:wink:
Well, I found ways to remember the correct spelling of certain words. e.g.

weird.png


http://theoatmeal.com/comics/misspelling
 
  • #11
MarneMath said:
I have a hard time spelling English words because I pronounce everything with a Spanish accent. I have a hard time spelling Spanish words because I basically stopped writing in Spanish at the age of 10.

Opposite for me, and I'm a Spanish national. If I speak English, I pass for a yank wherever I go. But even though my writing in Spanish is decent, my colloquial Spanish has always been slightly weird to most people as I generally think up statements in English first.
 
  • #12
dipole said:
My life would be vastly different without spell-check.
Lol... my life became vastly different with spell-check.

http://www.jir.com/pullet.html



OCR... :biggrin:
 
  • #13
morrobay said:
Null hypothesis, Ho Those with science backgrounds can spell as well as those with non-science backgrounds, at the same formal education level. Only looking for opinions not a p-value.

Actually the Null hypothesis is a challenge - to try and show that the Ho
statement is wrong, to overturn it. By testing it statistically in order answer an underlying
question: In the above Ho you want to show that science majors are poor
spellers compared to non- science majors. Because maybe and in my opinion good spelling is not a priority for them.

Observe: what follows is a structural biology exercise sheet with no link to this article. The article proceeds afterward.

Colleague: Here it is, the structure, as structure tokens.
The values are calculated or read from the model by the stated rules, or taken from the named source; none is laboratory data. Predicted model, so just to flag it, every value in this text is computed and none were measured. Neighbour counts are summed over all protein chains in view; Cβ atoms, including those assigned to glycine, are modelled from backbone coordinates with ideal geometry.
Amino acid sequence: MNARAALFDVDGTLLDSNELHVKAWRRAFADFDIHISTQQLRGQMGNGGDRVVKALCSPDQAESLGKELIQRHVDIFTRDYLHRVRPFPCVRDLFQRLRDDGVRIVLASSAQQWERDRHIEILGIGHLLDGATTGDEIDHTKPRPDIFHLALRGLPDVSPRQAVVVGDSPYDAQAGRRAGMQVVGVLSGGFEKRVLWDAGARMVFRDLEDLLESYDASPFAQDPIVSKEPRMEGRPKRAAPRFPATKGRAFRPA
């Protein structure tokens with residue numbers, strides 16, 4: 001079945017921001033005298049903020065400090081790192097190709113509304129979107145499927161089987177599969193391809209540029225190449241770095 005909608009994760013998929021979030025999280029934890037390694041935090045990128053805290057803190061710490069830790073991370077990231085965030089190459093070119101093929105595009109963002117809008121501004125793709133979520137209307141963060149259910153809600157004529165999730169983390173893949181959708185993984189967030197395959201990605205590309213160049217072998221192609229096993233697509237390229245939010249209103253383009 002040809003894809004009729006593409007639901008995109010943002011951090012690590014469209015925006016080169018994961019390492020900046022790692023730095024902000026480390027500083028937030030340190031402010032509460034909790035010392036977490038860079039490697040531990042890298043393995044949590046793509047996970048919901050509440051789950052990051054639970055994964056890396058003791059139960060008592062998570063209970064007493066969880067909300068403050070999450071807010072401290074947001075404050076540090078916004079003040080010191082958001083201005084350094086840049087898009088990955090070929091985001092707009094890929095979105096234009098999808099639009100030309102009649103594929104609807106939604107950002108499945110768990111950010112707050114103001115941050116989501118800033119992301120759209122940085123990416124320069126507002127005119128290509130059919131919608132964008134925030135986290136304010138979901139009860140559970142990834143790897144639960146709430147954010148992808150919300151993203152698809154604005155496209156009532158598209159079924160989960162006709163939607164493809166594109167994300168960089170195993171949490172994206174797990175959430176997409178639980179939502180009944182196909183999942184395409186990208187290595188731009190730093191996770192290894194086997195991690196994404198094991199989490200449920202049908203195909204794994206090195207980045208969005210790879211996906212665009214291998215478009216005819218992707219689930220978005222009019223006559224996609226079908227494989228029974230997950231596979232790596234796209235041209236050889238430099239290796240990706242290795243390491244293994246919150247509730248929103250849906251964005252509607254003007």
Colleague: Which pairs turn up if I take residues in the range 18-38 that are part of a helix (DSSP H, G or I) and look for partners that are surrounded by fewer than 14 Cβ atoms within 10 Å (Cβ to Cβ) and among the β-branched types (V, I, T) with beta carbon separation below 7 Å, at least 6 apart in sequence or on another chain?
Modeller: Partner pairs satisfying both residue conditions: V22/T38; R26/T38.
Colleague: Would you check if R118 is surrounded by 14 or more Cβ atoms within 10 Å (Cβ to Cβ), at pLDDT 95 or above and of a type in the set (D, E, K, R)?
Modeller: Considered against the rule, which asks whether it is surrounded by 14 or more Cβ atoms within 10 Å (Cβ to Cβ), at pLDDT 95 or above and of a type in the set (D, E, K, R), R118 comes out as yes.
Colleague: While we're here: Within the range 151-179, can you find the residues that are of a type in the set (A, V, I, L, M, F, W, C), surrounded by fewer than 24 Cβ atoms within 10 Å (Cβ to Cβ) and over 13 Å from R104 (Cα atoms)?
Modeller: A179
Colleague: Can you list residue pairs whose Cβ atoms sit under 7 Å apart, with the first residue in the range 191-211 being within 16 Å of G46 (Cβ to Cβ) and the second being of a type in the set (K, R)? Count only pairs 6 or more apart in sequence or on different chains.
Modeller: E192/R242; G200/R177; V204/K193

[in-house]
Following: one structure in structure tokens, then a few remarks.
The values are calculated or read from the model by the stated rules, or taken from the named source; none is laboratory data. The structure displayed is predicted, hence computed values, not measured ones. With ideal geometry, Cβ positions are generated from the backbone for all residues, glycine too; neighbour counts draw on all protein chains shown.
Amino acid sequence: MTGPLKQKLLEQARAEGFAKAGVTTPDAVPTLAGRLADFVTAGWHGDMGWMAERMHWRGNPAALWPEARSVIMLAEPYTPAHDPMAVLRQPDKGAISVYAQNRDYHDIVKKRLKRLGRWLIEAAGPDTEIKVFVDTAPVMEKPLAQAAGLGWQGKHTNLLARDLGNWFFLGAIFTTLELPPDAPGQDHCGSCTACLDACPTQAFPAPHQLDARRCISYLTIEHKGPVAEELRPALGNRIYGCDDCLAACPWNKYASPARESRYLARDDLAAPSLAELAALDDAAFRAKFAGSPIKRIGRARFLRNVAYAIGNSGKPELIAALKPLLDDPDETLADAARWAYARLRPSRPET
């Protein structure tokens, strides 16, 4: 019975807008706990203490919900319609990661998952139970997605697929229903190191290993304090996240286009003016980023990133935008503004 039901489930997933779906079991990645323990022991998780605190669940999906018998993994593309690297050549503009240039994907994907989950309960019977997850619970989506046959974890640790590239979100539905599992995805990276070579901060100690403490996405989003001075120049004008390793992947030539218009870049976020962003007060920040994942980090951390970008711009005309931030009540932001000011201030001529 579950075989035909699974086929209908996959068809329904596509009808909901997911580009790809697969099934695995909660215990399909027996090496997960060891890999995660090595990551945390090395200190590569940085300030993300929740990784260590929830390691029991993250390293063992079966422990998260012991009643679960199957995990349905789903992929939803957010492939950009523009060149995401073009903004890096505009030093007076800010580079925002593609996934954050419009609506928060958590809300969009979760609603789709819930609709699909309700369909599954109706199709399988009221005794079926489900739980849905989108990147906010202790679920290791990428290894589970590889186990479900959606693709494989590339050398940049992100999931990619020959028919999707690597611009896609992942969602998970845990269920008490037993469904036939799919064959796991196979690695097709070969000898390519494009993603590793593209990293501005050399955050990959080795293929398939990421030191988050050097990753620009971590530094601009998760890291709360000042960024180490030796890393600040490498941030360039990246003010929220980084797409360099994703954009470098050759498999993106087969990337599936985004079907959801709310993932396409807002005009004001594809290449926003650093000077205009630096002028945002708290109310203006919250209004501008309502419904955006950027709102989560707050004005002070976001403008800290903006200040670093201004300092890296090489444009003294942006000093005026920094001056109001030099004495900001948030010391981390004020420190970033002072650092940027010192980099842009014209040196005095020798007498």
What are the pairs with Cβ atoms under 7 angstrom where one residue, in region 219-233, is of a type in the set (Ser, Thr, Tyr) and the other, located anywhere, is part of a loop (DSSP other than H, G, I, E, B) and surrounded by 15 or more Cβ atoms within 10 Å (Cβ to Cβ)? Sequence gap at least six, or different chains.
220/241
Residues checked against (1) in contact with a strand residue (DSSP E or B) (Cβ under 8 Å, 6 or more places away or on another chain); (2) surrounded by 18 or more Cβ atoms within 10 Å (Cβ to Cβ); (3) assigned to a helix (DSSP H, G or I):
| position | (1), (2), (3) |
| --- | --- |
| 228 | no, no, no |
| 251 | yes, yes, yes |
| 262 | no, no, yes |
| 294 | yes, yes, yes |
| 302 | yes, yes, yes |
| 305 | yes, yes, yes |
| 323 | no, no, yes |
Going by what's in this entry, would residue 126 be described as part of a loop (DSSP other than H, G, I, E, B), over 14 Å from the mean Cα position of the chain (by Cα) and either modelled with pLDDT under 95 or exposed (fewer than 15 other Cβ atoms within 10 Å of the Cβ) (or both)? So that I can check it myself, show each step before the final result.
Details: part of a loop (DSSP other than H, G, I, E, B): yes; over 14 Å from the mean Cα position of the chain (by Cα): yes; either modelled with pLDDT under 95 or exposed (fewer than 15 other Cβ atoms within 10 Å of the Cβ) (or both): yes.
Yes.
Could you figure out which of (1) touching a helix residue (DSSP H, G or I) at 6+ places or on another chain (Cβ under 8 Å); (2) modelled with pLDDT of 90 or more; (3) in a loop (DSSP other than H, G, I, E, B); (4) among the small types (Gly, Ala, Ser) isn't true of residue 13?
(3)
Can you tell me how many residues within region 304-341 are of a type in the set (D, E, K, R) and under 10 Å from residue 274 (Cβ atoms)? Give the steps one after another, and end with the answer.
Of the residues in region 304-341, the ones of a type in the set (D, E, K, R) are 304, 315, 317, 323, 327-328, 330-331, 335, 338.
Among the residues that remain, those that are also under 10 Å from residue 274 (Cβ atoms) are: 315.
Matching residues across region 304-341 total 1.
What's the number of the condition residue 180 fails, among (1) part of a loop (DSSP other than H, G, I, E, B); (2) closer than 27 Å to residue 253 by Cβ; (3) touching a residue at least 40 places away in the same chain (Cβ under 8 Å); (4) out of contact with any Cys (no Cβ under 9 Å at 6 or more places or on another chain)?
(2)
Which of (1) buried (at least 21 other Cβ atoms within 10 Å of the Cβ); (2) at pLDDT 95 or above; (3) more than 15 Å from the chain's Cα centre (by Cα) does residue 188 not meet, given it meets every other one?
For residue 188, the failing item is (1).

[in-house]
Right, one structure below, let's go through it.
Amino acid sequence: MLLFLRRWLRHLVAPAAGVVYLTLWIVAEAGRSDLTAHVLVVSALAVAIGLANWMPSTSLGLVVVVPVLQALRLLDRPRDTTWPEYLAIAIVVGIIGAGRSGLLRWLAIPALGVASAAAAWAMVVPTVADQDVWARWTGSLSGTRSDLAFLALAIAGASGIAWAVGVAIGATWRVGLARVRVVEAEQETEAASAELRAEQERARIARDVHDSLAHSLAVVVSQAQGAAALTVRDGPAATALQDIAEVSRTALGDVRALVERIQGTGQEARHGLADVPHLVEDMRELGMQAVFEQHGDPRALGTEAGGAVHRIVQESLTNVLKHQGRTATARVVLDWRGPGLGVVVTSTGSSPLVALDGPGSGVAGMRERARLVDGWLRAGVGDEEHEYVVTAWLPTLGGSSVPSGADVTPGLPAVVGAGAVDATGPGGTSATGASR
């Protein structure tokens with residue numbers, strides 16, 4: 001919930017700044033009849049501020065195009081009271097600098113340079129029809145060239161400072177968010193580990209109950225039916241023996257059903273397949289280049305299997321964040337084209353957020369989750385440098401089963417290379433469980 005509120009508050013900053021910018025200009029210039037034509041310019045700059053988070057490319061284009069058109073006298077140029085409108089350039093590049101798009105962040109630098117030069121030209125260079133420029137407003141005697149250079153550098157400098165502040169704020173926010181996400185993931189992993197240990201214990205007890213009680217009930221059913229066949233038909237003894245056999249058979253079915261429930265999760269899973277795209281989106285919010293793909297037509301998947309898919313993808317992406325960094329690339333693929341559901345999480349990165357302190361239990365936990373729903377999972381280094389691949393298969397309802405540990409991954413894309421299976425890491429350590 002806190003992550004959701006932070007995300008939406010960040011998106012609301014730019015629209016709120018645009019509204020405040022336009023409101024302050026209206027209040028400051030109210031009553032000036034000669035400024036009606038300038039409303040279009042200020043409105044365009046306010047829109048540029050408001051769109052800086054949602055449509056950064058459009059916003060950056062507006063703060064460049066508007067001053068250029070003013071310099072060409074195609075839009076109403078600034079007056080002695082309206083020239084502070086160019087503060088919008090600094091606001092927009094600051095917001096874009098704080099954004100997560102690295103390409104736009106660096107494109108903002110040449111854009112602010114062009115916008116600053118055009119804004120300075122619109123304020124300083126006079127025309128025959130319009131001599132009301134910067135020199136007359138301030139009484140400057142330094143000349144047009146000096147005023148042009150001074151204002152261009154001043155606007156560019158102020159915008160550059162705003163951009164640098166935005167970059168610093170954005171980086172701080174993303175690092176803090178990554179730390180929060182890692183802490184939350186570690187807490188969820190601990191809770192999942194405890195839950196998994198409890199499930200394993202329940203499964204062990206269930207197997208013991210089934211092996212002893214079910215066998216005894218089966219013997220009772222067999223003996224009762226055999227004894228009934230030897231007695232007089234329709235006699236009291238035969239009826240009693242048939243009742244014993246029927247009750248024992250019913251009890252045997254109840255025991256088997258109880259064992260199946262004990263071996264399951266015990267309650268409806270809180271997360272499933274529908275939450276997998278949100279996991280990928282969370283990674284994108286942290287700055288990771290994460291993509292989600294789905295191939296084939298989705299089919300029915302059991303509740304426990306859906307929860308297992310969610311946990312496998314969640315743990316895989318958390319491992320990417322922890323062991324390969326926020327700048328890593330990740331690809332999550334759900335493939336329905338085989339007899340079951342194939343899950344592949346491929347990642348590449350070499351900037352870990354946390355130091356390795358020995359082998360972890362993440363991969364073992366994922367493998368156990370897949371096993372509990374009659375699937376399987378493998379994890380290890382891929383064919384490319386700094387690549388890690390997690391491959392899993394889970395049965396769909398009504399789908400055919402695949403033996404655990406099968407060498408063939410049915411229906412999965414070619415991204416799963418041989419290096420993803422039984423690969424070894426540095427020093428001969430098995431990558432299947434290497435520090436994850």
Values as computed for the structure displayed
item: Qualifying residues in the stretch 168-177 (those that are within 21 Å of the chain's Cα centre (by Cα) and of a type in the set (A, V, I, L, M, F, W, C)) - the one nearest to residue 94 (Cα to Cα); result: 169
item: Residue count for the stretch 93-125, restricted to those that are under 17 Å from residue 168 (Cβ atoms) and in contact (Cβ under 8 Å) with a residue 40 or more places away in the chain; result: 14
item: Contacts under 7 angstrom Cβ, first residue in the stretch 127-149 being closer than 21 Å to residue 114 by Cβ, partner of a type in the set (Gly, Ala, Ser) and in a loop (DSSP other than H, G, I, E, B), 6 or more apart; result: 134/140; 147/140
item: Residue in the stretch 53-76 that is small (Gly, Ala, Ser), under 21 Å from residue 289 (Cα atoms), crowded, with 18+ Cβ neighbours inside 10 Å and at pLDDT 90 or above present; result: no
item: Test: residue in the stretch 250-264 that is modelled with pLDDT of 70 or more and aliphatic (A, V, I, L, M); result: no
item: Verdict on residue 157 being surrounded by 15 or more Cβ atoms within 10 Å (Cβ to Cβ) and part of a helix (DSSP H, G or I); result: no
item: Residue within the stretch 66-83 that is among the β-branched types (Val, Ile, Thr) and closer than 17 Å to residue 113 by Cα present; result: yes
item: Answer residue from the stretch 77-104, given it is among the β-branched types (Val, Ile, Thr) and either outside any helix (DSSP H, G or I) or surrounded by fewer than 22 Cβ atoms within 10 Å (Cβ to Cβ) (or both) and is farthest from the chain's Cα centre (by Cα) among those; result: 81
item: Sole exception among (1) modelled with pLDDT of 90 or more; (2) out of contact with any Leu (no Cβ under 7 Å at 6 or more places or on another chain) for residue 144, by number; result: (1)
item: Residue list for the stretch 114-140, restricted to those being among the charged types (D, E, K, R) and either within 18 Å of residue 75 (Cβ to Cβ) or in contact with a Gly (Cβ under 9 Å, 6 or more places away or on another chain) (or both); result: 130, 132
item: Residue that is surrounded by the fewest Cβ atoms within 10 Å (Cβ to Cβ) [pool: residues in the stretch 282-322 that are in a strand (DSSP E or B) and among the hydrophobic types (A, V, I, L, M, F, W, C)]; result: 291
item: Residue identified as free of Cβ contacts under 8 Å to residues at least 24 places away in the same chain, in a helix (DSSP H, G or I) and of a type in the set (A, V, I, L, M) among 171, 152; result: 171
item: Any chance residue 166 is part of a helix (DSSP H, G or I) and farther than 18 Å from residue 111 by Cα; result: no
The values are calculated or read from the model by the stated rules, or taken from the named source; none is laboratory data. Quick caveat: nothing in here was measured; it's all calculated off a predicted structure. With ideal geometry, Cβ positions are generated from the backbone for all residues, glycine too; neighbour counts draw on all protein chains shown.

1. Why are those with science backgrounds typically good spellers?

Individuals with science backgrounds have been exposed to complex scientific terminology and have developed a strong understanding of the rules and patterns of language. Additionally, scientific fields require precise and accurate communication, leading to a greater emphasis on spelling and grammar.

2. Can a person with a non-science background become a good speller?

Yes, anyone can become a good speller with practice and dedication. While a science background may provide an advantage, it is not the sole determining factor for spelling ability.

3. Are there any specific scientific fields that contribute to better spelling skills?

Research has shown that individuals in fields such as biology, chemistry, and physics tend to have strong spelling skills due to the technical and precise nature of these disciplines.

4. How can having good spelling skills benefit a person with a science background?

Having good spelling skills can enhance written communication, allowing scientists to effectively convey complex ideas and data. It can also improve credibility and professionalism in the scientific community.

5. Is there a correlation between intelligence and good spelling skills in individuals with science backgrounds?

While spelling skills may be an indicator of intelligence, there is no direct correlation between the two. Many factors, such as education, practice, and exposure to language, can also contribute to spelling ability in individuals with science backgrounds.